The Language Center, a service for students taking foreign language classes, offers hours of free language tutoring daily, but tutors say students rarely use the program.
The center, which offers free tutoring in 12 languages and employs 18 tutors, is funded by a $50 to $80 language course fee, which is required for some language classes.
Alexandra Pollock, an Arabic tutor at the center, said only 10 students regularly seek out her help. There are about 350 students registered for Arabic classes, according to the registrar.
“Last week it was a bit busier, but this whole week no one has come in,” Pollock said.
Other tutors echoed Pollock’s sentiment, saying some students regularly use the service but many do not know of its existence.
“For some languages it is more popular, but I only see three or four students who come in on a regular basis,” Caleb Dependahl, a Chinese tutor, said. About 200 students are registered for Chinese classes this fall.
Each language is offered at least twice a week in time blocks ranging from one to five hours.
Pollock said she doesn’t think many students are aware of the tutoring service.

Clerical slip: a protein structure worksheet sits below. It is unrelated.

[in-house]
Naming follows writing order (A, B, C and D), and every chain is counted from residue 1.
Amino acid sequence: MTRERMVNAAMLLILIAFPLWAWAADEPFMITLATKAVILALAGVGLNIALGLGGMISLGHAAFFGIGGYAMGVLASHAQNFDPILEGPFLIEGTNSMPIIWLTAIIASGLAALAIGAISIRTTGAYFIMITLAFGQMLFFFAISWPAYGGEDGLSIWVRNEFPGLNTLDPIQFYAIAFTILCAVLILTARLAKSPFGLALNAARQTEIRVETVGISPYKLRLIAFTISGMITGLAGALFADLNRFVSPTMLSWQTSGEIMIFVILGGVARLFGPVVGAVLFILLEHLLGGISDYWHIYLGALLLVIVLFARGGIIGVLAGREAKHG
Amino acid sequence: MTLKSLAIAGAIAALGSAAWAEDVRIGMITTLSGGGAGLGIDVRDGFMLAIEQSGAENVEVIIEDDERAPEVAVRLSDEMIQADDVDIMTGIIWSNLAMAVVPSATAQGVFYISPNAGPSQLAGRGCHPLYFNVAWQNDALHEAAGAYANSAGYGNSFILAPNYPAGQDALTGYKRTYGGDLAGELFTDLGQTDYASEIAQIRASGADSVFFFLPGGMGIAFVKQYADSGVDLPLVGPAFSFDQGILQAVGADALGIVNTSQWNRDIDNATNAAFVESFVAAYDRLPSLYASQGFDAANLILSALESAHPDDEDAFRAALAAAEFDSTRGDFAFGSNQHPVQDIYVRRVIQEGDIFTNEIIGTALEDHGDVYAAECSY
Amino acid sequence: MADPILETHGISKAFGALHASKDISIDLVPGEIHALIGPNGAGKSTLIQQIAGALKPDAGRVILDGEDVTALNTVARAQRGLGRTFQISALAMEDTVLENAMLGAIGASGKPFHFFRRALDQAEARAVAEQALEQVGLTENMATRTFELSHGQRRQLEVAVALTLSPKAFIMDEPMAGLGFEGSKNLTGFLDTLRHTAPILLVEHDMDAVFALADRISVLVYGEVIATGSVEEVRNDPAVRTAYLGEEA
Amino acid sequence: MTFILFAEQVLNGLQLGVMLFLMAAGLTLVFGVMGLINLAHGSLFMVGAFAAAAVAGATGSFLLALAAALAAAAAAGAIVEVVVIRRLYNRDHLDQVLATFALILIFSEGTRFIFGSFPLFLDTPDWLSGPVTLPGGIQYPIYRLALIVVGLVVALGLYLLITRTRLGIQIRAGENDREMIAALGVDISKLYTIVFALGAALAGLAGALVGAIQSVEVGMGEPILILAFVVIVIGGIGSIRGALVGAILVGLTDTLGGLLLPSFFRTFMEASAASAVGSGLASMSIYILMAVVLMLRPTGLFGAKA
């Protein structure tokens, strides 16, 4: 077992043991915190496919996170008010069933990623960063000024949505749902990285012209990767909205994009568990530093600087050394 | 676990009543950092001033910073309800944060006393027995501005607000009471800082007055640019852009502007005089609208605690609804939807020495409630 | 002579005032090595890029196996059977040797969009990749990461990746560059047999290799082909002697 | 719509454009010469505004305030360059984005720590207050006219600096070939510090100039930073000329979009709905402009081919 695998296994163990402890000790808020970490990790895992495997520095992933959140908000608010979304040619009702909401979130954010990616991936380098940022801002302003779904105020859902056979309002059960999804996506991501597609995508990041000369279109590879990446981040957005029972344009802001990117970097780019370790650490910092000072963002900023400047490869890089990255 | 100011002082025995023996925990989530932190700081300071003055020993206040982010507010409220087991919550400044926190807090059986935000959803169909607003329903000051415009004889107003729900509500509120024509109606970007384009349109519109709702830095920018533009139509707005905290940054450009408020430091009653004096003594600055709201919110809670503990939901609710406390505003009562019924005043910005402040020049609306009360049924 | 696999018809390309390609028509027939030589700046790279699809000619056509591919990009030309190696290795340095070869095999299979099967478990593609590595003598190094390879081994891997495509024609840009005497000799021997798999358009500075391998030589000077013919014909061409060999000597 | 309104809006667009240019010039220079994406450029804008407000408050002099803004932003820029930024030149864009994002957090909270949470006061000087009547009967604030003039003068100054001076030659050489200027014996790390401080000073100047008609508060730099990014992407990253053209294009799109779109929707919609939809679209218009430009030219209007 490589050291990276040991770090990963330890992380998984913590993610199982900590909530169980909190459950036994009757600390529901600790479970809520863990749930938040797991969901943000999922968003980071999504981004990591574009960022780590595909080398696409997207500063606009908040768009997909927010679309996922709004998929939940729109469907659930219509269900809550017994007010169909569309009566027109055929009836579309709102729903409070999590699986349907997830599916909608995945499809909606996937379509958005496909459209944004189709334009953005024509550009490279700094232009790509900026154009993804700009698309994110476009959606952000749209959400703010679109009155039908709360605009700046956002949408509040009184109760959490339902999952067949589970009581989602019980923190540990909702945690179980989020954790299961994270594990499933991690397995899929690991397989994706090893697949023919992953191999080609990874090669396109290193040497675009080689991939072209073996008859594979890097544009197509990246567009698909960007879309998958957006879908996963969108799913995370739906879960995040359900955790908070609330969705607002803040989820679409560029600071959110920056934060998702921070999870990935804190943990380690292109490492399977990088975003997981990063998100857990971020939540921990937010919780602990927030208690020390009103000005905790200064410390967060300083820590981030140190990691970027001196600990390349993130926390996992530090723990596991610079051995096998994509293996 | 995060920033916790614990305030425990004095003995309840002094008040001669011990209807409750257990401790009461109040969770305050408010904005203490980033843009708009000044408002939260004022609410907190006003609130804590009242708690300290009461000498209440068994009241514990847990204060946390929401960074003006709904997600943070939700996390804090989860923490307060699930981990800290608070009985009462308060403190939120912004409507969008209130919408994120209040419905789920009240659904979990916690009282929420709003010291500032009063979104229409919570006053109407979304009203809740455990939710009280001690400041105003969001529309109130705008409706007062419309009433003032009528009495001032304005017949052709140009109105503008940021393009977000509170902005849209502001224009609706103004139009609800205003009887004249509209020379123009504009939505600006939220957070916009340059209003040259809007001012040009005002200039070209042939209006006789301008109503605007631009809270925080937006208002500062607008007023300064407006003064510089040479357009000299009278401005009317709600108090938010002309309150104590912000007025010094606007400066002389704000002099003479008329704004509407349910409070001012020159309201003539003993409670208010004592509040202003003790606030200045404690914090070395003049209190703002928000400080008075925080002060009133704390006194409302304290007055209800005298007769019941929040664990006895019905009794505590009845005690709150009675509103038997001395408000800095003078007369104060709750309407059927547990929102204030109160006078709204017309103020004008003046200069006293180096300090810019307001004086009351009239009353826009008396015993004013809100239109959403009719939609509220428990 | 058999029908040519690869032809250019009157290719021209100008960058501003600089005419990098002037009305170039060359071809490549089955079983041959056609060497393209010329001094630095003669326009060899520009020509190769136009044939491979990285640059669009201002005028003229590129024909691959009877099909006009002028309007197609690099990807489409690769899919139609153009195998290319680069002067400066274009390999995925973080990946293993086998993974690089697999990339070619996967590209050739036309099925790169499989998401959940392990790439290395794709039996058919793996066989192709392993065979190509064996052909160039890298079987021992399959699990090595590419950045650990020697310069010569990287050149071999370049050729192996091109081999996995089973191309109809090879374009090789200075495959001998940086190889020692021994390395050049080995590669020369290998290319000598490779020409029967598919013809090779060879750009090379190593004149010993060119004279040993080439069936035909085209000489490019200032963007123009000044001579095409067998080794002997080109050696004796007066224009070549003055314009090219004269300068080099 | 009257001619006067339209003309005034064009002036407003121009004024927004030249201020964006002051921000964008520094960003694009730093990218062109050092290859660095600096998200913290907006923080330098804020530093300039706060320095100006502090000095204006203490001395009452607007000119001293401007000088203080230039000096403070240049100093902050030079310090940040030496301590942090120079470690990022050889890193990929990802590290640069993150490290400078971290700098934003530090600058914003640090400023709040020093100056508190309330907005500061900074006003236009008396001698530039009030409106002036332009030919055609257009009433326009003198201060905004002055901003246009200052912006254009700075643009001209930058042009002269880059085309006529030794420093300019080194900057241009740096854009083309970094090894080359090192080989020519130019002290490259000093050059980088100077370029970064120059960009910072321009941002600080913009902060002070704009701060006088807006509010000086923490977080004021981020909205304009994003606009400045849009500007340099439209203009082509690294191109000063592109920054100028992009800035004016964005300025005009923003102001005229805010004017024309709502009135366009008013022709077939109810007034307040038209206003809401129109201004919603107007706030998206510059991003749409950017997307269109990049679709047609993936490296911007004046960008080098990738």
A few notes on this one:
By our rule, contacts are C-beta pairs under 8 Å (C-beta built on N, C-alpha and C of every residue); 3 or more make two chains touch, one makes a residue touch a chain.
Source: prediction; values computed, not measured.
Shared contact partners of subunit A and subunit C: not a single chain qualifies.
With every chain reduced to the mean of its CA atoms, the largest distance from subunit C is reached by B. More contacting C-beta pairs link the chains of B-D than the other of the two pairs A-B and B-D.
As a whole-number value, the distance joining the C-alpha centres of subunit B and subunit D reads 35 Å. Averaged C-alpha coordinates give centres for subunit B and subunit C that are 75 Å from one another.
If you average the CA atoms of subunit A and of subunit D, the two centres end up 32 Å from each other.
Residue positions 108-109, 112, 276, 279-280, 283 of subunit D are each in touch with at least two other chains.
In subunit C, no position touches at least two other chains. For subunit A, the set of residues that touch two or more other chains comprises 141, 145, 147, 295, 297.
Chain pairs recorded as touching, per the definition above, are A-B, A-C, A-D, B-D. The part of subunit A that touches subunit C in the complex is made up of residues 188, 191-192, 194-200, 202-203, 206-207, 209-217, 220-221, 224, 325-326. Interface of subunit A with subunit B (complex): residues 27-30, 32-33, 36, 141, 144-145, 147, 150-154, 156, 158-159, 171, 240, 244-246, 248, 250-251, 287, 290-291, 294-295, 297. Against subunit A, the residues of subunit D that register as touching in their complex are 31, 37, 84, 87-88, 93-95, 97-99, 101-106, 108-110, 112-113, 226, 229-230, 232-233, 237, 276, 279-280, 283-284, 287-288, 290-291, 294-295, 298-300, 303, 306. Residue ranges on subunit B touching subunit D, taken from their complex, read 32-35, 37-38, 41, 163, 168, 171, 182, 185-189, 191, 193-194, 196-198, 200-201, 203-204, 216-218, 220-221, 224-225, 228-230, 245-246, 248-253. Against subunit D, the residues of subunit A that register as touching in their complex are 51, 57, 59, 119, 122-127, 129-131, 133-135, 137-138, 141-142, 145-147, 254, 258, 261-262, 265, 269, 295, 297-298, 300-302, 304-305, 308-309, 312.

“I don’t see a lot of advertising around campus,” she said. “I’m not sure how many students know that we’re here and that we’re open much of the week until 8 p.m.”
Dependahl said the center sends e-mails to language professors with the tutoring schedule, but the e-mails do not seem to help.
“I’m not sure why students don’t come in,” he said.
In contrast to the tutoring service, the resources available to language professors are frequently used.
More than 100 language professors across the three language and literature departments – Romance, German and Slavic, East Asian, and Classical and Semitic – utilize the different programs each semester, Shoko Hamano, director of the center, said.
Professors may assign and use audio and visual materials through the center’s online media delivery service. Last fall, there were nearly 8,000 hits for these instructional materials.
Equipment such as video cameras, projectors, voice recorders and headsets are available for professors to borrow for class use. Classes may also be held in one of the center’s rooms.
“The Language Center’s services are not always delivered directly to the students,” Hamano, who is also a Japanese and international affairs professor, said. “Most of our services are delivered to students through their professors.”
This article appeared in the October 25, 2010 issue of the Hatchet.